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Security officials extinguished the Olympic torch at least twice on Monday during a chaotic relay through Paris where thousands of pro-Tibet protesters tried to block its path.
The torch's progress through Paris was regularly delayed by demonstrators protesting against China's crackdown on Tibet [Images] after it set off from the Eiffel Tower [Images]. At one point it had to be put on a bus to protect it from the crowds.
The torch then had to be extinguished because of a technical problem, a police spokesman said. A Chinese official was quoted by Xinhua news agency as saying it was put out for safety reasons.
After a brief interruption the relay resumed with the torch alight, only for it to be extinguished shortly afterwards despite the fact that protesters appeared to be well away from the relay team, which was flanked by police on rollerblades.
"Boycott Chinese goods" and "Save Tibet" read some of the banners held by demonstrators.
"We are doing our best but it will take the world to put pressure on China to help bring democracy and human rights to Tibet," said Phurbu Dolker, a 21-year-old Tibetan refugee.
The scenes were reminiscent of the protests that hit the torch's passage through London [Images] on Sunday, with the build up to the Beijing [Images] Olympics [Images] rapidly becoming a public relations disaster for the Chinese organisers.
Three hours after setting out on its 28-km trip through Paris, the protesters tactics meant the relay had accumulated a delay estimated at roughly two hours.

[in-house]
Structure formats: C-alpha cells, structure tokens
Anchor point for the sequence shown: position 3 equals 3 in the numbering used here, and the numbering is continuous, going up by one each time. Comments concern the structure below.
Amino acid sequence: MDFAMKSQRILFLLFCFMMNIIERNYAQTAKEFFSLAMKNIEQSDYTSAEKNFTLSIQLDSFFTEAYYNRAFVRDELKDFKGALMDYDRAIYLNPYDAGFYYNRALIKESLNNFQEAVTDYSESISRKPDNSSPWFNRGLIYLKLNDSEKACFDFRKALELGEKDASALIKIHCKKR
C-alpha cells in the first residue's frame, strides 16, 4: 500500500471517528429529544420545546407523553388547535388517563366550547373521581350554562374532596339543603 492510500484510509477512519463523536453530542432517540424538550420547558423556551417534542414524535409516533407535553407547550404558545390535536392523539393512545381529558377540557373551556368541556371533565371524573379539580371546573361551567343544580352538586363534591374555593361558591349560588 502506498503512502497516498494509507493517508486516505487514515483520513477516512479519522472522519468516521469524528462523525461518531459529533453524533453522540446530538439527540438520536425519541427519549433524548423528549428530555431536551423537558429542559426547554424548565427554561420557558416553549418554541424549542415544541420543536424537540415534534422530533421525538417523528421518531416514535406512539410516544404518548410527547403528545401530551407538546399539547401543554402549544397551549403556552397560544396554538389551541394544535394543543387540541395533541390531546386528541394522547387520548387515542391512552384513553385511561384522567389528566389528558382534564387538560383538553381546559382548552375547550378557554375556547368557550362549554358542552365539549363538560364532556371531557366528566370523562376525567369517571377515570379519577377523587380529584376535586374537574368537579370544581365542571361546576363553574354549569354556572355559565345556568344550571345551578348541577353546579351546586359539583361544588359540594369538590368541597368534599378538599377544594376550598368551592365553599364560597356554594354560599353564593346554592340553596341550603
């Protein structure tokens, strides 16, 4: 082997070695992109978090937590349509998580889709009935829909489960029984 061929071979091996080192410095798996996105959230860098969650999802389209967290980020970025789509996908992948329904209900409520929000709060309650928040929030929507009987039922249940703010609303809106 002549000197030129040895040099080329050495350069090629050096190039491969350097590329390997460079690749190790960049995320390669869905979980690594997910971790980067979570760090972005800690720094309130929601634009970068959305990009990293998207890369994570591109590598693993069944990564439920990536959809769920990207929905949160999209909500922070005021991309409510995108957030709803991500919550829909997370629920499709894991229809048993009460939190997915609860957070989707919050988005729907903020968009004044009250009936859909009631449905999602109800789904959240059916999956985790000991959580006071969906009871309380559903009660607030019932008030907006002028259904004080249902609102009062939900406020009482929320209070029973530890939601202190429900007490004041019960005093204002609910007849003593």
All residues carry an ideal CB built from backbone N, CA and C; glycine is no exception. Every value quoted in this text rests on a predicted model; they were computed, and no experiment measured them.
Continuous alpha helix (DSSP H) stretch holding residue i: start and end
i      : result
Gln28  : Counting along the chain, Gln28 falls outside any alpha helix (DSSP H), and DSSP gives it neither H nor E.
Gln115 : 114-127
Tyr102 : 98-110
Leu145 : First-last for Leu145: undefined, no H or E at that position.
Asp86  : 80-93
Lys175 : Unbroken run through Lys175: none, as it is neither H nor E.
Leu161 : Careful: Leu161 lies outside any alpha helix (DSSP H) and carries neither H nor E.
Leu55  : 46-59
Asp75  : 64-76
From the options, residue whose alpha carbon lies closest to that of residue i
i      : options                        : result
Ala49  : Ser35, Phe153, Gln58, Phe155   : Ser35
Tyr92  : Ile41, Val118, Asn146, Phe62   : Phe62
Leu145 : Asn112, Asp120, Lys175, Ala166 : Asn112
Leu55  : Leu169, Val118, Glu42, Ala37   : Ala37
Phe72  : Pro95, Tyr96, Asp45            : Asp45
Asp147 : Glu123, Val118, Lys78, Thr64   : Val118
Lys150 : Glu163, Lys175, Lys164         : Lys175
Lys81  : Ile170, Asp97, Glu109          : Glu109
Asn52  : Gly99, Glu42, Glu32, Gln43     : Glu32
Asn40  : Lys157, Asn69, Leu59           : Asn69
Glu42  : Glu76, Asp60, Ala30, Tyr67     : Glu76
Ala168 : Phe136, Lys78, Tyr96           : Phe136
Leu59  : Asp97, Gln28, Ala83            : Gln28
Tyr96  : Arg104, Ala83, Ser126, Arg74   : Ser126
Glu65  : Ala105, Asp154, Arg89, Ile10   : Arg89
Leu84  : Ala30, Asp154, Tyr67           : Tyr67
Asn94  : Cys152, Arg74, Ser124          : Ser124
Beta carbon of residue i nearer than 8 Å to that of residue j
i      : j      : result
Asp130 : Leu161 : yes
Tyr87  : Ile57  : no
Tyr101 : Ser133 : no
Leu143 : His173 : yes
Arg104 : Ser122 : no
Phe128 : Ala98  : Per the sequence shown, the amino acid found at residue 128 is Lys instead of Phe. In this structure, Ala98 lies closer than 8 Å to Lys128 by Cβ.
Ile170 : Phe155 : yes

"Security Fiasco," France [Images] 24 television said in a banner headline running on the bottom of its screen.
At least 23 people were briefly detained by police for trying to disturb the relay, a spokesman for the Free Tibet movement said.
Militants from rights group Reporters Without Borders chained themselves to the Eiffel Tower and deployed a black flag with handcuffs replacing the Olympic rings.
A member of the French Greens party had earlier been restrained by police when trying to grab the torch from the first of 80 torch bearers, former world 400 metres hurdles champion Stephane Diagana.
Escorted by security, Diagana was wearing a badge reading "For a better world".
France has deployed more than 3,000 police officers for the zig-zagging journey to the southern edge of Paris, where the torch was initially due to arrive at 1500 GMT.
Thousands of protesters waving Tibetan flags and shouting "Shame on China" tried to disrupt the torch's run through London on Sunday, the British leg of the international relay billed by Beijing as the "harmonious journey".
French human rights minister, Rama Yade, denied on Saturday that President Nicolas Sarkozy would boycott the Games' opening ceremony unless China started talks with the Tibetan spiritual leader, the Dalai Lama [Images], and released political prisoners.
The Olympic flame is expected to remain a magnet for anti-Chinese protests ahead of the August Games in Beijing.
The flame is due to return to Beijing on Aug. 6, two days before it will be used to light the cauldron at the Olympic opening ceremony.
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